Climate change summit ends with deal to move away from fossil fuels

By Elisabeth Marie 14 December 2023
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The end of the COP28 climate summit has seen representatives from nearly 200 countries agree to start reducing global consumption of fossil fuels to avert the worst of climate change, signalling the eventual end of the oil age.
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A deal has been struck in Dubai after two weeks of negotiations and uncertainty over whether fossil fuels would be mentioned in the final agreement.

The deal to “transition away from fossil fuels” represents the first time oil, coal and gas have been mentioned in COP agreements since the annual summits began almost three decades ago, with COP28 President Sultan Al Jaber saying the agreement represented “a paradigm shift that has the potential to redefine our economies.”

More than 100 countries lobbied for strong language in the COP28 agreement to “phase out” oil, gas and coal use but came up against strong opposition from the Saudi Arabia-led oil producer group, the Organisation of the Petroleum Exporting Countries (OPEC), which said the world could cut emissions without shunning specific fuels.

Small climate-vulnerable island states were among the most vocal supporters of language to phase out fossil fuels. They had the backing of major oil and gas producers such as the United States, Canada and Norway, as well as the European Union and other governments.

That battle pushed the summit a full day into overtime on Wednesday and had some observers worried the negotiations would end at an impasse.

Related: Australia’s emissions policies savaged by experts ahead of COP28 climate summit

To some extent, the language to “transition away” describes what has already begun to happen, with some governments enacting policies in recent years to transition to a greener economy.

The deal calls on governments to accelerate their transition to a green economy by tripling renewable energy capacity globally by 2030, increasing efforts to reduce coal use, and accelerating technologies such as carbon capture and storage to clean up hard-to-decarbonise industries.

Now the deal is formalised, countries are responsible for delivering these objectives through national policies and investments.

“Understandably, most of the critical commentary on the final COP28 decision has focused on the compromise text on fossil fuels,” said Professor Robyn Barry, a Distinguished Professor in Political Science at the University of Melbourne.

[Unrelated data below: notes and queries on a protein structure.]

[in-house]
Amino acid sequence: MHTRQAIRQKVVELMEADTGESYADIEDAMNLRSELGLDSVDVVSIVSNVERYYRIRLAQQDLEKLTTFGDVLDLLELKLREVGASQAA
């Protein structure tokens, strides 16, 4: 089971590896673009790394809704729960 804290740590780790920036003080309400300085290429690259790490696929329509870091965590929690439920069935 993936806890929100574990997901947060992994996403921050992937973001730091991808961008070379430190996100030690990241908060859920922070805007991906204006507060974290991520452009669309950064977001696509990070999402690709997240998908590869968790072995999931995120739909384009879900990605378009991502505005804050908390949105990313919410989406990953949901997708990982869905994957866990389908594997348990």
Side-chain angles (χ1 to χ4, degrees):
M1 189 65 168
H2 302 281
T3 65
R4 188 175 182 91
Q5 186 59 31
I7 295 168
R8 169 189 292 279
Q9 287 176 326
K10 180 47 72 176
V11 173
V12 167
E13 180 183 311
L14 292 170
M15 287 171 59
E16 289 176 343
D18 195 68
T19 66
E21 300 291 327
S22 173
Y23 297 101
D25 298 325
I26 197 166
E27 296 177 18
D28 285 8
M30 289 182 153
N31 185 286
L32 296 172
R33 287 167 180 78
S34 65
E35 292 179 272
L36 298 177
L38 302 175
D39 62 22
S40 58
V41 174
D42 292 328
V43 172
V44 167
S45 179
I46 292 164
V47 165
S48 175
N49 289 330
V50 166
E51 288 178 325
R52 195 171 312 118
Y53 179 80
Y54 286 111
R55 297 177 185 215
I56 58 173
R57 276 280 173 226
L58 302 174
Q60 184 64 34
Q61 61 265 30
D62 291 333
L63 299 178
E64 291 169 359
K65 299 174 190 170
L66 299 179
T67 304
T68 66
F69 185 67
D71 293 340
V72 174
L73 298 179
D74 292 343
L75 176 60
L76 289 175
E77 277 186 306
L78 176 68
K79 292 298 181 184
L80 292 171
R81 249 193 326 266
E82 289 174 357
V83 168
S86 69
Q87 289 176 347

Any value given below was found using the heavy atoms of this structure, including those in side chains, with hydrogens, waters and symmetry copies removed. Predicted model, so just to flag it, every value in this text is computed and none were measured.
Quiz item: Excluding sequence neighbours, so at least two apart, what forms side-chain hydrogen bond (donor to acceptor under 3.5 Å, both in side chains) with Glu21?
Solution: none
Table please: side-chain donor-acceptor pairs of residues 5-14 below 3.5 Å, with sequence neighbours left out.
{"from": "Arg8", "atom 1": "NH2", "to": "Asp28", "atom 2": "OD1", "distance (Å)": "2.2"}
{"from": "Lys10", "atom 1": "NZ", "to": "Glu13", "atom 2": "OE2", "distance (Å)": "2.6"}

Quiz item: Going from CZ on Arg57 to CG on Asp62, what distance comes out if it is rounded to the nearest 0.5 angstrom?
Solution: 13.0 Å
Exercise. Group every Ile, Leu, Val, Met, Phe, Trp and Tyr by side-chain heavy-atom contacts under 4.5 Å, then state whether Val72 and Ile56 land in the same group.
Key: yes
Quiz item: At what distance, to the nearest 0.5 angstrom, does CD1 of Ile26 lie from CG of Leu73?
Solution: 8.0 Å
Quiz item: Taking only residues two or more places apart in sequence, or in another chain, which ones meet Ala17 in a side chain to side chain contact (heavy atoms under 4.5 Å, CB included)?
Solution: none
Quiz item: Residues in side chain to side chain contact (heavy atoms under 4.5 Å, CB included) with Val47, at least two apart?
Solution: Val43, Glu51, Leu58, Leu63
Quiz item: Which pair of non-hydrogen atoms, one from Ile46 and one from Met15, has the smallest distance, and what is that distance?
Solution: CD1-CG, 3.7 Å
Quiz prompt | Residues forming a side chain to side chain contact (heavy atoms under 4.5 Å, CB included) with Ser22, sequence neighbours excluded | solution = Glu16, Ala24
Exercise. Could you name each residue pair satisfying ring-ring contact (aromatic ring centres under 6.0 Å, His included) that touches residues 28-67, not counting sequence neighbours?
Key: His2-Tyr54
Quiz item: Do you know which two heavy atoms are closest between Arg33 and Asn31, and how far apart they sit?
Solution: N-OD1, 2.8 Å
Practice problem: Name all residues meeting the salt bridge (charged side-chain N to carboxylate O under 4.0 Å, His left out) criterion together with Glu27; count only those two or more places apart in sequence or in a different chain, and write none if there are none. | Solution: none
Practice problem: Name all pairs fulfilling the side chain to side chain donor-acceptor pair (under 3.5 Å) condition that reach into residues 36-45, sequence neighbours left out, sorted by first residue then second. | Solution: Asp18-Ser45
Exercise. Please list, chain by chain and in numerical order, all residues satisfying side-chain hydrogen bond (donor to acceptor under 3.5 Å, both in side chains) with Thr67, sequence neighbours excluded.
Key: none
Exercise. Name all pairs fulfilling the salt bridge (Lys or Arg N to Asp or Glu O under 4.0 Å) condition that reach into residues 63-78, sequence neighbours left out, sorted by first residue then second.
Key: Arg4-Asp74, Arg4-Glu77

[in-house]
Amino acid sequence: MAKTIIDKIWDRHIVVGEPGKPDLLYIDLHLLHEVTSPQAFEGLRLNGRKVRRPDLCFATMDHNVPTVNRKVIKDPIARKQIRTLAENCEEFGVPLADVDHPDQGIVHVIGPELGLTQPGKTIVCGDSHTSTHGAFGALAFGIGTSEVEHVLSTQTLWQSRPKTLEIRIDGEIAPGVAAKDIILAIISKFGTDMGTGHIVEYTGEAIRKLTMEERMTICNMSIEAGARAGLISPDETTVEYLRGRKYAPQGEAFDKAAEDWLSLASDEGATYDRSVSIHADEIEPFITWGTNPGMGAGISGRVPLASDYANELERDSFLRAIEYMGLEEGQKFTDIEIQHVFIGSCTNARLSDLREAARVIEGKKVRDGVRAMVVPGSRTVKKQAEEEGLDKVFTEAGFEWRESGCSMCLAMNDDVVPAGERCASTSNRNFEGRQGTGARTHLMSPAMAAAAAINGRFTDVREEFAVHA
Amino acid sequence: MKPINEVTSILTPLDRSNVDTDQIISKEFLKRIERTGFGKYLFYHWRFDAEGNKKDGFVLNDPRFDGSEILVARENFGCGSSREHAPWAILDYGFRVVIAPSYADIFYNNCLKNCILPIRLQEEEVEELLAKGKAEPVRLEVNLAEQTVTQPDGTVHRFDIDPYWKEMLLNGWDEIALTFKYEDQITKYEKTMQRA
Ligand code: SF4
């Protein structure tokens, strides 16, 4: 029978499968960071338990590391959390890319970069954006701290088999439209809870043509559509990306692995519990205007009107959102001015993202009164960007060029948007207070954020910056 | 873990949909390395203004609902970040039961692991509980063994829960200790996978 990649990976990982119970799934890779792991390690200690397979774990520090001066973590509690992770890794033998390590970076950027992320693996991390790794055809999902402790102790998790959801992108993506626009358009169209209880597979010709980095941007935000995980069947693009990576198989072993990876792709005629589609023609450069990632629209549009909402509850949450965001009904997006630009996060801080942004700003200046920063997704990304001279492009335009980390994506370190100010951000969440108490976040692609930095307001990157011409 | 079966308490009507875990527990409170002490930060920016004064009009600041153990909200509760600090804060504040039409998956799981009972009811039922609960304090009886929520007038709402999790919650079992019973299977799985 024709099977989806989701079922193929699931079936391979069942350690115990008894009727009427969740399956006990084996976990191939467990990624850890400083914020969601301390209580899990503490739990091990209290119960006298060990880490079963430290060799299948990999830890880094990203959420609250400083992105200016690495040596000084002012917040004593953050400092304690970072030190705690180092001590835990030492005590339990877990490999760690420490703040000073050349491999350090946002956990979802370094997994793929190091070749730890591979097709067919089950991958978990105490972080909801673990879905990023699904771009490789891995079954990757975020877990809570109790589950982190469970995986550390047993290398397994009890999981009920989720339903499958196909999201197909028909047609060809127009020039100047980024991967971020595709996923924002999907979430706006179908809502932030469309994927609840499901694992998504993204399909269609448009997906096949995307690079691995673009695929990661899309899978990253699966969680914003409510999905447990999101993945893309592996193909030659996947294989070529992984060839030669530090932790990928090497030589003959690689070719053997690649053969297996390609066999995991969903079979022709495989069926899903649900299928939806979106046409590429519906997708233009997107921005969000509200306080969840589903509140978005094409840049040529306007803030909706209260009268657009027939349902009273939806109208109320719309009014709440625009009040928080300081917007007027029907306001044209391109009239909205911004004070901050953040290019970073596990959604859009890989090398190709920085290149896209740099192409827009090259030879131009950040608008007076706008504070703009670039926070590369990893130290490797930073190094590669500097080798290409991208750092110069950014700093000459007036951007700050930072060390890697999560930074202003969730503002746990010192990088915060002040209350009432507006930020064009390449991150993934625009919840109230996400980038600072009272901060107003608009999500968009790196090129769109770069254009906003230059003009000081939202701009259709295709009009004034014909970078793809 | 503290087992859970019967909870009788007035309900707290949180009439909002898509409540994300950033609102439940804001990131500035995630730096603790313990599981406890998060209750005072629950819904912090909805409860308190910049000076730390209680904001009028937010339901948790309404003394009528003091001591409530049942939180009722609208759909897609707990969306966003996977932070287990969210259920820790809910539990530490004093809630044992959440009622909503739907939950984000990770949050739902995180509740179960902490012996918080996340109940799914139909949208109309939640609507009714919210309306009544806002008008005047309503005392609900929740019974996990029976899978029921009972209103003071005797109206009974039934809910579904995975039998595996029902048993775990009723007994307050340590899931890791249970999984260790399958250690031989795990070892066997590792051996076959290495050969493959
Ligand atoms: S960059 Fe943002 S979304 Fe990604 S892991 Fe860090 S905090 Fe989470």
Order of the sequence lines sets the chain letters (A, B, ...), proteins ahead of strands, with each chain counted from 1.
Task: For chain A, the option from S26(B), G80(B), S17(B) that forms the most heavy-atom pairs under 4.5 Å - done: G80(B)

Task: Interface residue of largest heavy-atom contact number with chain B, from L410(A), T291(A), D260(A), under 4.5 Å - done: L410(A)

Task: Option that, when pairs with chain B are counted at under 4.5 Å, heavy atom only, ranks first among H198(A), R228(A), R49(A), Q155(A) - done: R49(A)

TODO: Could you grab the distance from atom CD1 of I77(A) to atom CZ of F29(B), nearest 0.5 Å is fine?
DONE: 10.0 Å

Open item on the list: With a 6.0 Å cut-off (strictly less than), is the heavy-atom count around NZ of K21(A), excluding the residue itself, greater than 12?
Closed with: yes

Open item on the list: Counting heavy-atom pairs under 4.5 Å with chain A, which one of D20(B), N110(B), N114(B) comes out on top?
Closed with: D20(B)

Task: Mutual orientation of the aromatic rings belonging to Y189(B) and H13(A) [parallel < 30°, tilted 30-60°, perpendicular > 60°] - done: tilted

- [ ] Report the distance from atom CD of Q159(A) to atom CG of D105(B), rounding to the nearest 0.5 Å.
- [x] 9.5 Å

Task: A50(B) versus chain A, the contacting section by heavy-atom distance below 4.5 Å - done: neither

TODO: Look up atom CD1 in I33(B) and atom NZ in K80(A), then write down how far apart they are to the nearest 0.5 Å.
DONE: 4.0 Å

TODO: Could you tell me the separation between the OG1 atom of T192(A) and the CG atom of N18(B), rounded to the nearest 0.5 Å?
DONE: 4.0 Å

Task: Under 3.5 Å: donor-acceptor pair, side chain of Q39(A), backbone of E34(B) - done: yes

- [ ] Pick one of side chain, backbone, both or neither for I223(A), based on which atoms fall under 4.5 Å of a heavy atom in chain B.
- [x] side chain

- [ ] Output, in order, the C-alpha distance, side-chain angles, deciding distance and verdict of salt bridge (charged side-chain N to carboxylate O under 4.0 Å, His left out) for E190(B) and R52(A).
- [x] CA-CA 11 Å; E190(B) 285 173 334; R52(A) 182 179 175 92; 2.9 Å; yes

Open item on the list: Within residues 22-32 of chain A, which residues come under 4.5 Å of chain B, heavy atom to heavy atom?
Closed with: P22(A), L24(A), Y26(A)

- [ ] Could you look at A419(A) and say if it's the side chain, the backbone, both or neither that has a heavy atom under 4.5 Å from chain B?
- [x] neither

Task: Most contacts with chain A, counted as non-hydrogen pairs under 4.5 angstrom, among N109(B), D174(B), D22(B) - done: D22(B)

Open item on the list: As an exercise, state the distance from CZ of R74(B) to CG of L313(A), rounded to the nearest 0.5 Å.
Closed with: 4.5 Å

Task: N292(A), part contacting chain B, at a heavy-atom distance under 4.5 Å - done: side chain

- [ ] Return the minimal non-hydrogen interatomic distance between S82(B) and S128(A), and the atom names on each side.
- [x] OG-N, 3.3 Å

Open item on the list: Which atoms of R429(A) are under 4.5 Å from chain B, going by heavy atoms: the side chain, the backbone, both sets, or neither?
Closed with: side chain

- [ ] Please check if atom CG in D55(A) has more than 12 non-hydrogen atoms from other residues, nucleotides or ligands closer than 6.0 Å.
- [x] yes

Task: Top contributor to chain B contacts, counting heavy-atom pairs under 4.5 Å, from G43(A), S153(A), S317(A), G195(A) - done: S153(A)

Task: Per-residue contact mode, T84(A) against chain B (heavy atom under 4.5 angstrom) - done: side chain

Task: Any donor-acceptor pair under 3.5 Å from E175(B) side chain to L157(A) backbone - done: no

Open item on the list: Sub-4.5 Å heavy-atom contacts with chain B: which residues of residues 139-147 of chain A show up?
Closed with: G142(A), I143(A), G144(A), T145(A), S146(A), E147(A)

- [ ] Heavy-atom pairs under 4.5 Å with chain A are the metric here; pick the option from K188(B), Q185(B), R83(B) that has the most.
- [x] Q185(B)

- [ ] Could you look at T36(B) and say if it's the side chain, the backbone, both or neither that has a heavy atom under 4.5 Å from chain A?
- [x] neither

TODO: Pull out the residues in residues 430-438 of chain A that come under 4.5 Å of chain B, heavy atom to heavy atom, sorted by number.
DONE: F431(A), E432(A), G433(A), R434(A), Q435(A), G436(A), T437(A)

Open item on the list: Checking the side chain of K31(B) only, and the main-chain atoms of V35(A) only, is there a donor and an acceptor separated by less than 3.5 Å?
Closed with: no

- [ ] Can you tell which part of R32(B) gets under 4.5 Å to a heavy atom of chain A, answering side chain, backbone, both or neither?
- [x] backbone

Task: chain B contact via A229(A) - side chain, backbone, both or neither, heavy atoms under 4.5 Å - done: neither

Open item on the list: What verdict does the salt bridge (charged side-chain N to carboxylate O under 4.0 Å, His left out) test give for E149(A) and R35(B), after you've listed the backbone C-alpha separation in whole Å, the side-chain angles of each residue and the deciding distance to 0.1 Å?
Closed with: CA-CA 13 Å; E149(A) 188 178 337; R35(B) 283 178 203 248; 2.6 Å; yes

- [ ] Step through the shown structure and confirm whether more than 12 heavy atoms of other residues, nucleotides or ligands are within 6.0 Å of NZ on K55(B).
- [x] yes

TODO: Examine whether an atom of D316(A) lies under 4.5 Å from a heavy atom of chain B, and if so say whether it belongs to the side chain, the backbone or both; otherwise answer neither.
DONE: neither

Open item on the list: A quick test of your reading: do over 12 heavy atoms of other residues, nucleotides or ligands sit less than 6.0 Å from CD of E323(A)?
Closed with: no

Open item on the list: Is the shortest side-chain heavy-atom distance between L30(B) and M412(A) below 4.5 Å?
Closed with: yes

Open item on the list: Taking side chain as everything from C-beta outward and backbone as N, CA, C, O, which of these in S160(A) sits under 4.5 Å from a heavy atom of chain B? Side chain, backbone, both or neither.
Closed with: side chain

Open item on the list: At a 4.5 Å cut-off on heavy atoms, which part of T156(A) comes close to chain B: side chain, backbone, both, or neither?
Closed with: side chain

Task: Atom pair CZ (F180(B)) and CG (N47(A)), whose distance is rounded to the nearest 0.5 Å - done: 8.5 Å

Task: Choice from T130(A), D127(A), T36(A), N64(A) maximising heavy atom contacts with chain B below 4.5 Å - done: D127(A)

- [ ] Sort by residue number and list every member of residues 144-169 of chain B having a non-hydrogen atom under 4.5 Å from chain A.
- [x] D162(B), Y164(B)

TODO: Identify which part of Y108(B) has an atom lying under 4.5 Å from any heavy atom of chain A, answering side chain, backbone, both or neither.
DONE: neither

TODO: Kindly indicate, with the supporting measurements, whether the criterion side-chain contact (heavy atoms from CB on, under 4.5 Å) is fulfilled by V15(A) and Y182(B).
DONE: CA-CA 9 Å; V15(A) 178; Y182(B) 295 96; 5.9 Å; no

“The last-minute amendments provided a modest improvement but remain disappointing and predictable given the strong opposition to a fossil fuel phase down by the petrostates.”

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“What is more interesting, and potentially productive, are the surprises. The first is that ‘just transition’ was mentioned no less than eight times in the text. For example, the parties acknowledged that just transition strategies ‘support more robust and equitable mitigation outcomes’. The parties are also urged to communicate or revise, by the next COP, their long-term mitigation strategies ‘towards just transitions to net zero emissions,'” Professor Robyn said.

“The second is that climate minister Chris Bowen demonstrated solidarity with Australia’s Pacific neighbours in calling for a fossil fuel phase-out. Bowen’s support for the Pacific will certainly help the Labor government in its bid to host COP31 in 2026. However, it also means that domestic climate and energy politics are set to become more interesting, given Australia’s status as a major fossil fuel exporter.”

Amanda McKenzie, CEO and co-founder of the Climate Council, Australia’s leading climate science communications organisation, said the agreement was “significant”.

“This is a huge moment,” she said. “For the first time, nations have collectively agreed to tackle pollution – from burning coal, oil and gas – that is overheating our planet and harming people all over the world.

“This is the death knell for fossil fuels. This agreement sets us on a clear path to embrace clean energy technology like wind, solar and batteries, and move beyond fossil fuels.”

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Greens leader Adam Bandt said the statement from the summit did not go far enough but said the message for the federal government was clear.

“The weak word salad from the global climate summit proves one thing – Australia can’t wait for other countries before stopping new coal and gas mines,” he said on social media platform X.

The Australian Government states in its climate change strategy that it is currently working to reduce emissions by upgrading the electricity grid to support more renewable power, reducing the price of electric vehicles, encouraging businesses and consumers to reduce emissions through government-backed incentives, and reporting on greenhouse gas emissions to increase accountability.

It also states that it is partnering with its Indo-Pacific neighbours to reduce emissions, helping negotiate and meet Australia’s obligations under the Paris Agreement and reducing baselines under the Safeguard Mechanism.